Choreographing A Fight Scene With A Hollywood Stunt Man
Trying to pull off a realistic fight scene? Learn from a professional stuntman how to choreograph a fight sequence and translate those stunts to the camera.
If you are anything like me, you grew up wanting to be a stunt performer in a big blockbuster action movie. It seems like such an awesome life to dream about. Jumping off buildings all day and beating up bad guys isn’t too bad of a gig. So, we decided to live out our childhood fantasies of becoming stuntmen. We hired John Cann of Action PAC stunts to come teach us how to create a typical fight scene. From punching for the camera to effective throws, John went through and taught us all of the basics of stunt work, which we’re going to share with you today.
Punching for the Camera
Now there’s a few fundamentals you need to remember when punching for the camera.
Keep the phrase on target, out of distance in the back of your mind when doing stunt fighting. This means that your punches should be on target (the face, body, wherever you may be aiming), while maintaining a healthy distance from your opponent. Punches should never make contact on set. Since you’re working with a 2D space through your camera’s lens, you need to frame the punch correctly in order to sell the hit.
Don’t forget to maintain eye contact. When you have a choreographed fight scene with another actor, maintaining eye contact is incredibly important for both participants. Eye contact will help you anticipate their movements and make sure that they haven’t forgotten the choreography. When you don’t keep eye contact, you might continue on with the choreography and duck while they throw an unexpected uppercut. If you don’t see it coming it could leave you with a broken jaw.
Keeping your arms extended is where stunt fighting differs from realistic fighting. In a real life bout, you would keep your arms bent and close to your core to maintain momentum in your punches. But on camera, real punches don’t translate well. You have to reveal your arms to the camera for it to pick it up. So when you are throwing your punches, keep your arms extended out while throwing those haymakers. It may feel weird for someone who has previous boxing/fighting experience, but it will look a whole lot better on screen.
For every hit, you need to make sure that your punches “cross the plane” of the camera. Imagine that there is a pane of glass going from the middle of the camera lens to the middle of your opponent’s face. To sell a punch, your fist needs to break that pane. Crossing that plane simulates a hit. Just pair it with a sound effect and you’ve connected a punch.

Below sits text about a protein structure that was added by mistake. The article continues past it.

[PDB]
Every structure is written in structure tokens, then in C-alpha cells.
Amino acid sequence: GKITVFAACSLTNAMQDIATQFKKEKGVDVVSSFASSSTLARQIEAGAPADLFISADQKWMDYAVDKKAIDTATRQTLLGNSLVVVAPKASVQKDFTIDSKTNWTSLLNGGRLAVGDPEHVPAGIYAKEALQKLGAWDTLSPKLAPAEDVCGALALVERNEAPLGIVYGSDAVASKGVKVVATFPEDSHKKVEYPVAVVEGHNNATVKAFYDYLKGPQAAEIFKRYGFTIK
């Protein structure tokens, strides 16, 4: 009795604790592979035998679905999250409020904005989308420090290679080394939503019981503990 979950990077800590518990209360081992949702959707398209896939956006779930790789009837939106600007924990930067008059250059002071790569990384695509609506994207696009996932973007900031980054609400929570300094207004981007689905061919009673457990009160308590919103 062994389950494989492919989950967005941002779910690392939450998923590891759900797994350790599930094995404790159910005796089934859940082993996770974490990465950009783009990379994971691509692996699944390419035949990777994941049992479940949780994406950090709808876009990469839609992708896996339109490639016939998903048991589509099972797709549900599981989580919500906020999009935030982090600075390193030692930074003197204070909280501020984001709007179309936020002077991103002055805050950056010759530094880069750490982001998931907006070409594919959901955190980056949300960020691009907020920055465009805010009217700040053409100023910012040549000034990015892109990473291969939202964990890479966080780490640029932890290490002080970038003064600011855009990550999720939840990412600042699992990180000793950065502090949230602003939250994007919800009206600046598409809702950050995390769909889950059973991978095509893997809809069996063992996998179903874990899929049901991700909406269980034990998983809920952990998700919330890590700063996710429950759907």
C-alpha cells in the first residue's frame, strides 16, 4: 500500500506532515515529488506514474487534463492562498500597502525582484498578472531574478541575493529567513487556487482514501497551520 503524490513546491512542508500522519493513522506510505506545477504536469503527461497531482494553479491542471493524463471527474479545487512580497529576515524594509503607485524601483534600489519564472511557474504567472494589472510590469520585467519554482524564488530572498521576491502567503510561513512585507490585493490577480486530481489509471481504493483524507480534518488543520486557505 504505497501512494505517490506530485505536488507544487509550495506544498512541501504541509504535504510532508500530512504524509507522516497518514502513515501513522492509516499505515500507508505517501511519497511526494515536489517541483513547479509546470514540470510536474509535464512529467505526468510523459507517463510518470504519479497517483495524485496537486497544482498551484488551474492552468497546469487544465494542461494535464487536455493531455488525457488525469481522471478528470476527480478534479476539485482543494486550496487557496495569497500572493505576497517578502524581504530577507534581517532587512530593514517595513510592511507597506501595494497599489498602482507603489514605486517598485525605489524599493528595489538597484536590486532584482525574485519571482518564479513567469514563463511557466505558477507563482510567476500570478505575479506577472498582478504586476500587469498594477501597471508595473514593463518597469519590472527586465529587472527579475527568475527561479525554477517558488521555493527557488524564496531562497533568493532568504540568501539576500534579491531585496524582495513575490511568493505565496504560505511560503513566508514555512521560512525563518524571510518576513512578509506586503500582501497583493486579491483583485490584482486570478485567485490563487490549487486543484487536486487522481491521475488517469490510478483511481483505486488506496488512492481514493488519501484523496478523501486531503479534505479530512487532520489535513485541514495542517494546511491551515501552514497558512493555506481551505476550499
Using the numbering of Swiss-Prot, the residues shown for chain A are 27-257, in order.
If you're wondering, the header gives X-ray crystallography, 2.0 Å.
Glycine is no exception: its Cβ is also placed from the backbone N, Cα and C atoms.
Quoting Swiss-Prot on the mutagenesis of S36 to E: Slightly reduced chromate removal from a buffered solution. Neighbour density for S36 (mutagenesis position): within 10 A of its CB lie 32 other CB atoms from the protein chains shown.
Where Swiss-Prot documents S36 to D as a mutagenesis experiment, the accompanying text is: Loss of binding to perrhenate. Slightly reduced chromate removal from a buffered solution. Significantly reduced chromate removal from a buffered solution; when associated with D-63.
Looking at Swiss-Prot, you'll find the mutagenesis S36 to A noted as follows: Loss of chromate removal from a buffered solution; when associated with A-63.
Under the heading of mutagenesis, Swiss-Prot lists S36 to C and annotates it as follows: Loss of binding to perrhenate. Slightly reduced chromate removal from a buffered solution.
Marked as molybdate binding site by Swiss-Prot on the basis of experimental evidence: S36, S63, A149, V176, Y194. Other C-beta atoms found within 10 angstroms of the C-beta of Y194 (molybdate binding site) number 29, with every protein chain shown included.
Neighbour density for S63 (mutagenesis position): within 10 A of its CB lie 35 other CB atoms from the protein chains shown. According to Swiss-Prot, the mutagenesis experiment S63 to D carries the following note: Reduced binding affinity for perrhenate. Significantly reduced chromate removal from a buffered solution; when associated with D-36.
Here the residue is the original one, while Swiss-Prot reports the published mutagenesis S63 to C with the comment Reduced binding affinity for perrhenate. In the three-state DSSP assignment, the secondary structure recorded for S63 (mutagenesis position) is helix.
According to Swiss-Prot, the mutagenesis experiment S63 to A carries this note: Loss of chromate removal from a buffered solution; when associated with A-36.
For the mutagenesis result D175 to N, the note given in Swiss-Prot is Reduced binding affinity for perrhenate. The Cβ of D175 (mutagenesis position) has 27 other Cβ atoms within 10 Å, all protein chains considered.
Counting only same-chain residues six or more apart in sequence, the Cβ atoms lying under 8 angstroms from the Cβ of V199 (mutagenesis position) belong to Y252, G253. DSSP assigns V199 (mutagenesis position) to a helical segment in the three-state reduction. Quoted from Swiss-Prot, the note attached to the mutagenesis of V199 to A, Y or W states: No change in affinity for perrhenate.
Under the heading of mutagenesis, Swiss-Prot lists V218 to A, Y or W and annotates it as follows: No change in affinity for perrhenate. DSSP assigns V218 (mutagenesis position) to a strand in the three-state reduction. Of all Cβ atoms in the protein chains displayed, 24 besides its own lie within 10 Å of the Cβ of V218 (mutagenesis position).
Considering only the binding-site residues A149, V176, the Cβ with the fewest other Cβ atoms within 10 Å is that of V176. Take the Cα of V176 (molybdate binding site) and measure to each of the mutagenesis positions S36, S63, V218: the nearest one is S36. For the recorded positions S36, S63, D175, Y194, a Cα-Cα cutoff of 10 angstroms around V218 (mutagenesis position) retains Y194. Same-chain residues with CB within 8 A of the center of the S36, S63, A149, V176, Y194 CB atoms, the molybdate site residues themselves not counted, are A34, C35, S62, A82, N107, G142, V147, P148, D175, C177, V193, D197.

When doing stunt work, the person who is at most risk of harm should always be the person in control of the situation. Take a choking stunt for example. The person getting choked should be pulling towards themselves, while the person choking should be pulling away. This is one of those tricks that doesn’t feel right when performing the stunt. But, since both actors are using muscle to pull, the flexed muscles will sell the choke. The camera can’t tell which way the force is going.
Tossing Someone Safely
Only boring fights stay upright. When you want your scene to get down and dirty, including a tossing stunt can bring gritty realism to your choreography. The one thing you need to remember for a throw is that the person getting tossed should be in control of their fall, while the tosser should only be guiding them. When someone actually gets thrown, you open yourself up for an accidental injury. Luckily we had stunt mats to practice our throws. But, you can use anything soft to practice these throws on, such as couch cushions or a mattress.
The mats are only for rehearsal. You can’t really just have a mattress conveniently laying on the floor in your scene for someone to fall on (unless your scene is in a mattress factory). You are actually going to be hitting that floor. To protect ourselves, John provided us with stunt pads to cover up the places where we would get hit. If you don’t have access to stunt pads, skating pads or even low-profile protective gear like lacrosse equipment can protect you.
Adding Props to Sell the Fight
What’s something that always ramps up the action in a fight scene? Breakable objects, of course! For our scene, we used breakaway chairs and pool cues, as well as sugar glass bottles. The breakaway chairs we used had all of the metal screws removed from the joints and replaced with wood glue and toothpicks to keep it together. The pool cues had weak points sawed into the middle so that they broke immediately when they made contact.
Sugar glass is Hollywood’s choice when it comes to glass breaking stunts. It’s an extremely brittle substance, and will break easily when it makes contact. The bottles cost about $20 each, so if you’re on a budget you can try making your own:
Putting It All Together
Your fight needs to flow, and that flow relies heavily on motivation. If someone gets punched a few times, they’ll come back swinging even harder. A scene with only punch/return punch can stagnate quickly, so ramp up the intensity as the fight carries on. You want the fight to seem like it’s life or death, and not just a quick exchanging of blows. So work with your opponent to create a dynamic scene, rehearse it multiple times, and get shooting!
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